Newshub can reveal around 20 million tonnes of silt and sand was dumped on Hawke’s Bay’s floodplains during Cyclone Gabrielle.
It’s the findings from aerial laser surveys carried out by scientists who are mapping the land to see how it’s changed.
They estimate the cyclone created about 300-thousand landslides in Gisborne and Hawke’s Bay, which now threaten to slip more debris into rivers in future floods.
"There is a lot of concern about particular floodplain pockets, areas upstream..higher in the headwaters, where sediment is being stored” University of Canterbury river scientist James Brasington said.
He’s part of a team of researchers from the University of Canterbury and Lincoln University who have been extensively mapping the land and rivers across Hawke’s Bay and Gisborne since the cyclone struck in February.
"We want to get a proper figure for how much material was eroded, how much was deposited on the flood plains. Then we will know how much went out to sea, and how much is left in the catchment".
What they know so far is that about 20 million tonnes of silt and sand was dumped on Hawke’s Bay flood plains by the cyclone.
"Here in Esk Valley, there was over 800 hectares of sediment deeply laid - about 10,000 tonnes per hectare, and that pattern was quite widely spread over other catchments".
The scientists are using a LIDAR laser and imaging system, attached to a helicopter, that captures detailed 3D information about the terrain and vegetation cover.
It’s safe for eyes, and can do up to 1.5 million pulses of light a second. The information is sent directly to a computer on board that James’s colleague Justin Stout is operating as they fly back and forth over 2000 square kilometres of land.
“Before we start flying we build a plan in the office that tells us how fast to fly, and how fast the laser needs to move, that dictates points on the ground," he said.
In the immediate aftermath of Gabrielle, the team created detailed 3D models to measure the location and size of stopbank failures on the Ngaruroro and Tutaekuri Rivers.
They mapped the flood impacts across Hawke’s Bay and Gisborne to find the depth and distribution of silt and sand. Work that is being partly funded by the government’s 10.8 million dollar fund for urgent scientific research.
That information was used to create flood hazard simulation models, and by overlaying it with LIDAR information from 2020, they’ve created 4D models showing the difference in river valley levels after Gabrielle.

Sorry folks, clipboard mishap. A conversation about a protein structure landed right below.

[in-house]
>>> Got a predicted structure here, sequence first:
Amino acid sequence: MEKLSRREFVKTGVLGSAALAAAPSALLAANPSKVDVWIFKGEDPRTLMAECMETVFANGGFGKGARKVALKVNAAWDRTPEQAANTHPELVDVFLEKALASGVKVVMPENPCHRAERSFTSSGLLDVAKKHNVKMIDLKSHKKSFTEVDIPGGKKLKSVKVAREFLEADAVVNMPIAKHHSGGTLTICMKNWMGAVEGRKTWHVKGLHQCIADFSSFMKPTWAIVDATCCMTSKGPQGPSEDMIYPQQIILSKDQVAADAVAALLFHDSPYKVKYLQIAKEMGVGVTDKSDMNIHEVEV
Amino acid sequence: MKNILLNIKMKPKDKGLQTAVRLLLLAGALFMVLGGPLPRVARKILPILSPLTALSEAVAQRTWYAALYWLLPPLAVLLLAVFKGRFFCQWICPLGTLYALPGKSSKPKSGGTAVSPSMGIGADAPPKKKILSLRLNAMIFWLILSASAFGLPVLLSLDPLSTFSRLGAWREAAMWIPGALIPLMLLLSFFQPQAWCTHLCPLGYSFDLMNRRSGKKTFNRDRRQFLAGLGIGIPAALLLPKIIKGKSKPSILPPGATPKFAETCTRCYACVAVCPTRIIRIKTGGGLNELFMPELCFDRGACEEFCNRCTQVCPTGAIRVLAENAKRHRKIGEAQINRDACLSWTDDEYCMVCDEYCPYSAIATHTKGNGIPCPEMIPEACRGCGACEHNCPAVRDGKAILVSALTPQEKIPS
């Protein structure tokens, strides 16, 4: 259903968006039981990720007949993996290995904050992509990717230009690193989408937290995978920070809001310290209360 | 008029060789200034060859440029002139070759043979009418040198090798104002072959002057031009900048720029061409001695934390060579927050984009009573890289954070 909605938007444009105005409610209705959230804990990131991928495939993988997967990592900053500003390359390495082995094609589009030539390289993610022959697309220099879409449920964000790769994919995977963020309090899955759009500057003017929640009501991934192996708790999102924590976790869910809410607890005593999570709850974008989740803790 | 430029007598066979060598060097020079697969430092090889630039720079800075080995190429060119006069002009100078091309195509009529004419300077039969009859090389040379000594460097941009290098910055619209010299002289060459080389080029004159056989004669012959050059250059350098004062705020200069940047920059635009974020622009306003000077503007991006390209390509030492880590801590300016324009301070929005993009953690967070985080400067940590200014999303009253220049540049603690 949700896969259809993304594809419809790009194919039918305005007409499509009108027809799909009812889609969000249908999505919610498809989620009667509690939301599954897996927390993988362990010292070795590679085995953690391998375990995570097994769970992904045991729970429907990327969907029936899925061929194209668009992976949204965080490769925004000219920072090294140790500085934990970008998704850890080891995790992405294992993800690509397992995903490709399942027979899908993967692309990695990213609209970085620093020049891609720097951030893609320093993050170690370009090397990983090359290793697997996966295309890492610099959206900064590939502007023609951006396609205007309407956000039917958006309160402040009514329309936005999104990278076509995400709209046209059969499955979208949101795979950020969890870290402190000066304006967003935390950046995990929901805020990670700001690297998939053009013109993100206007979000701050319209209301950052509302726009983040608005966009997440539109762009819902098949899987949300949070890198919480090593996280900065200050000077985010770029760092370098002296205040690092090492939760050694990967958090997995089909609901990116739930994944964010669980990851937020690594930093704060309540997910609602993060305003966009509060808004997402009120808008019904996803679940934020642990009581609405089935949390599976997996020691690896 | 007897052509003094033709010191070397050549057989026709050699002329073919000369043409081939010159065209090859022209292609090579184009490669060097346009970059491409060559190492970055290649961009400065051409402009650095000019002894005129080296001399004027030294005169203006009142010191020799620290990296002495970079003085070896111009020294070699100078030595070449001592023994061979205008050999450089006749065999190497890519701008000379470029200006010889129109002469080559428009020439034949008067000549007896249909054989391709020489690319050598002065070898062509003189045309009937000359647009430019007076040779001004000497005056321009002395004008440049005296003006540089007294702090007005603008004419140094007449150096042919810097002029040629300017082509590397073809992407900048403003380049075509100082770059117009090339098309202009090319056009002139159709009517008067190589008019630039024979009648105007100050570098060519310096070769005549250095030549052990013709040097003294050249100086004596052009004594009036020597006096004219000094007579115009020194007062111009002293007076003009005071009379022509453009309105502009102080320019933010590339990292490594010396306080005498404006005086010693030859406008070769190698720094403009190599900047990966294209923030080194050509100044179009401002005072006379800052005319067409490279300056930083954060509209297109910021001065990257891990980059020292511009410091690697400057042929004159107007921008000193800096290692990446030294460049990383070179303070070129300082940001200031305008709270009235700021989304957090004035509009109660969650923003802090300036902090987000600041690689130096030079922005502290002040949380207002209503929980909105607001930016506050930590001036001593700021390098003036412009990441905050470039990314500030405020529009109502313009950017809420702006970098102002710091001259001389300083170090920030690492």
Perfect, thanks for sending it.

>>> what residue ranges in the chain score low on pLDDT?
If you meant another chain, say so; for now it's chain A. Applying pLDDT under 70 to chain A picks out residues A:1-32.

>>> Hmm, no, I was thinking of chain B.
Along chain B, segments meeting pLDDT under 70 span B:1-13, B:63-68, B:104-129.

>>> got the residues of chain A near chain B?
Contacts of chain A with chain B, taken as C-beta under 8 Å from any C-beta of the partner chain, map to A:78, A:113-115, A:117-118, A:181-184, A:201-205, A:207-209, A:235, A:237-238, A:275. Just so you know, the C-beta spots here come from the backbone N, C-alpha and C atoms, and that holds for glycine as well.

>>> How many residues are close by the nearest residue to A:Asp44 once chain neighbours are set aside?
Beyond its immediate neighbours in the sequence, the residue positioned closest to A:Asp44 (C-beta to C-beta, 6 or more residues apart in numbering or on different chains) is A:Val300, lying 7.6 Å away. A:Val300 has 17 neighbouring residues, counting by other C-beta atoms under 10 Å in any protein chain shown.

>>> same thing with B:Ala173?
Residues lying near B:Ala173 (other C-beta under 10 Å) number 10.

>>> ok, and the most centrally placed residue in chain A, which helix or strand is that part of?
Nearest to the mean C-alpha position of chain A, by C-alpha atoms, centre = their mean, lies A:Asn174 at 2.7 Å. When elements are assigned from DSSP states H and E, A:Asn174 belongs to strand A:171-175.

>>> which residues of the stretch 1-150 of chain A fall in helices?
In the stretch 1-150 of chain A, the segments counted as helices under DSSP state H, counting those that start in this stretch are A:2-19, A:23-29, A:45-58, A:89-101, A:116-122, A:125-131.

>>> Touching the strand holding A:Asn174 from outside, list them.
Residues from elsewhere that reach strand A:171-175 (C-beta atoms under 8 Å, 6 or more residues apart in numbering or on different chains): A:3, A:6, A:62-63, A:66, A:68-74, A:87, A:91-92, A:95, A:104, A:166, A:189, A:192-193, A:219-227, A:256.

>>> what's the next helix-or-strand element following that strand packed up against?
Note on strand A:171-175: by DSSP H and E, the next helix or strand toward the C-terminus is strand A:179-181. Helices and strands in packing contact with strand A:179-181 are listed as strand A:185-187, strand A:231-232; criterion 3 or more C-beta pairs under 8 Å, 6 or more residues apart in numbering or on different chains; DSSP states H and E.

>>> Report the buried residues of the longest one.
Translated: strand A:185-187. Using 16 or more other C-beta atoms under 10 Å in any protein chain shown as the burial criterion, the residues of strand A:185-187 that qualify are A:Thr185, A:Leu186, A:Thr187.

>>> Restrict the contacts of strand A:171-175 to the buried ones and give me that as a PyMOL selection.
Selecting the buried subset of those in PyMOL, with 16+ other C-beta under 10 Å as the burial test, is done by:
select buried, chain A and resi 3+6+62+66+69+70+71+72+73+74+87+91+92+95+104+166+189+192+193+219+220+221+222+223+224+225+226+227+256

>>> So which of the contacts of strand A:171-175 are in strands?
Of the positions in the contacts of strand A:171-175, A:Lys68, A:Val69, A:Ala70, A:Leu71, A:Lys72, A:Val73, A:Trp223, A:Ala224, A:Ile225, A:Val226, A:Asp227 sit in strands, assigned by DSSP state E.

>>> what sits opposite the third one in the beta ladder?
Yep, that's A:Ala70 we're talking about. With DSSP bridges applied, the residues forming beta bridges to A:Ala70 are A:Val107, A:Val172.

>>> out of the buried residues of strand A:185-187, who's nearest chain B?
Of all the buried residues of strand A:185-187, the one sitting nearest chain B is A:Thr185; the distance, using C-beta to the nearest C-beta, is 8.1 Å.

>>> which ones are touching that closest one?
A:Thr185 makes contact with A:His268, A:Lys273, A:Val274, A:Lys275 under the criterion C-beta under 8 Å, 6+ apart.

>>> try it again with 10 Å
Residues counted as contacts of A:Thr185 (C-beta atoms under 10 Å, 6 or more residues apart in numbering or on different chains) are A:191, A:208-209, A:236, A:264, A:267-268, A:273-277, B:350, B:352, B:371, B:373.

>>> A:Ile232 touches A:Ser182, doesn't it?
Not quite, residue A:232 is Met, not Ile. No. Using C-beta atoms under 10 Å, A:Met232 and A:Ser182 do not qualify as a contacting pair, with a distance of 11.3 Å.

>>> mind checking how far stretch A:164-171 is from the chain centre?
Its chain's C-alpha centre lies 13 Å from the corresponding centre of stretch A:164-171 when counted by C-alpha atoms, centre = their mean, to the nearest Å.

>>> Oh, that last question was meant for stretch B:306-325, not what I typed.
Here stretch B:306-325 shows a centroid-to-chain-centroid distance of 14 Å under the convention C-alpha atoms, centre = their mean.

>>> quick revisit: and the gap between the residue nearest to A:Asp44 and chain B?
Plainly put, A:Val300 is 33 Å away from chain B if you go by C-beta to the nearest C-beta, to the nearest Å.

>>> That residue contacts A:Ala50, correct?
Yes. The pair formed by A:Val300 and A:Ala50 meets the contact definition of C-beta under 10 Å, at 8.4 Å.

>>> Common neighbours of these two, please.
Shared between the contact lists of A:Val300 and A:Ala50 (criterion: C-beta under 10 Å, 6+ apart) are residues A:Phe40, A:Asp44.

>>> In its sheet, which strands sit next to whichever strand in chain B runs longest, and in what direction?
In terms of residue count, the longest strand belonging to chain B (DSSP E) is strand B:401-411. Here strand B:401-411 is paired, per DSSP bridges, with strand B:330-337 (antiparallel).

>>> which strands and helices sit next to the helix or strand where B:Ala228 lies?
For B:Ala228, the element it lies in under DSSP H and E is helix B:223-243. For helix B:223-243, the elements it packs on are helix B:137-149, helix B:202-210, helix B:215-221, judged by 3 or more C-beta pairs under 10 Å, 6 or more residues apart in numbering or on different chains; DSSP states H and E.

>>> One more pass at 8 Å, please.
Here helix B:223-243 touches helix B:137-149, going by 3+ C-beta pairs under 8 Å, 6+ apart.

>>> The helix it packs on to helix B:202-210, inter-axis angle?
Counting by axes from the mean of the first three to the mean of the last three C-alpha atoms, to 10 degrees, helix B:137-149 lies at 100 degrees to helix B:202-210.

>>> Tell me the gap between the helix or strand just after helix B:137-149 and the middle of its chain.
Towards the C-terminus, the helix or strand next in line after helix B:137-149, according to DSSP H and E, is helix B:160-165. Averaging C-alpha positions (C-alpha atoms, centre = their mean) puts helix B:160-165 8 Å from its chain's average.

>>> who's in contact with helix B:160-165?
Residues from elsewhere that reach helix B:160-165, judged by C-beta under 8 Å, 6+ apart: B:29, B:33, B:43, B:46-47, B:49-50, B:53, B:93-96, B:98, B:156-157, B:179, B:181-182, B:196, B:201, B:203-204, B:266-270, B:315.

"I've never seen the scale of vertical change that we’ve looked at with Gabrielle. Packets of sediment that are moving through here are actually shocking. They’re scary".
Now they’ve gathered data on how much sediment is already on the floodplains, they’re trying to calculate how much is still to come down in future floods.
"There is more material up in the catchment, the possibility for it to work its way down over time, a little bit like a pulse of sediment, a wave of sediment coming down, is a threat we need to be aware of".
Because it could result in properties and infrastructure being buried in silt yet again.
"All these landslides are activated and still going - going to continue to supply sediment for years to come," Stout said.
He says the risk from landslides is far from over.
“In every small flood we will see it move," Stout said.
Which is a concern for residents who’ve spent months digging their properties out from mountains of silt.
Steve Wheeler is worried about the landslides upstream, and the debris from pine forests.
"It’s frightening. Absolutely frightening, there is a phenomenal amount of material up there."
But it’s not stopping him from staying put.
"Friends of ours say you’re nuts, you’re mad - walk away. But we can't run away, this is our piece of paradise".
Residents will soon have more information about the risks they face, as researchers work to understand them.
"Piecing together that puzzle we can begin to provide an answer to if there is a future threat we need to be aware of," Brasington said.
Because this won’t be the last cyclone we see..
"What we saw here was not a one off," he said, warning that with climate change causing higher rainfalls, these extreme events create much larger flows of sediment from land to rivers, to oceans.
"We hypothesise that flows through the catchment are highly connected, so that much more of the eroded material is transported down to the lower floodplain areas and ultimately into the sea".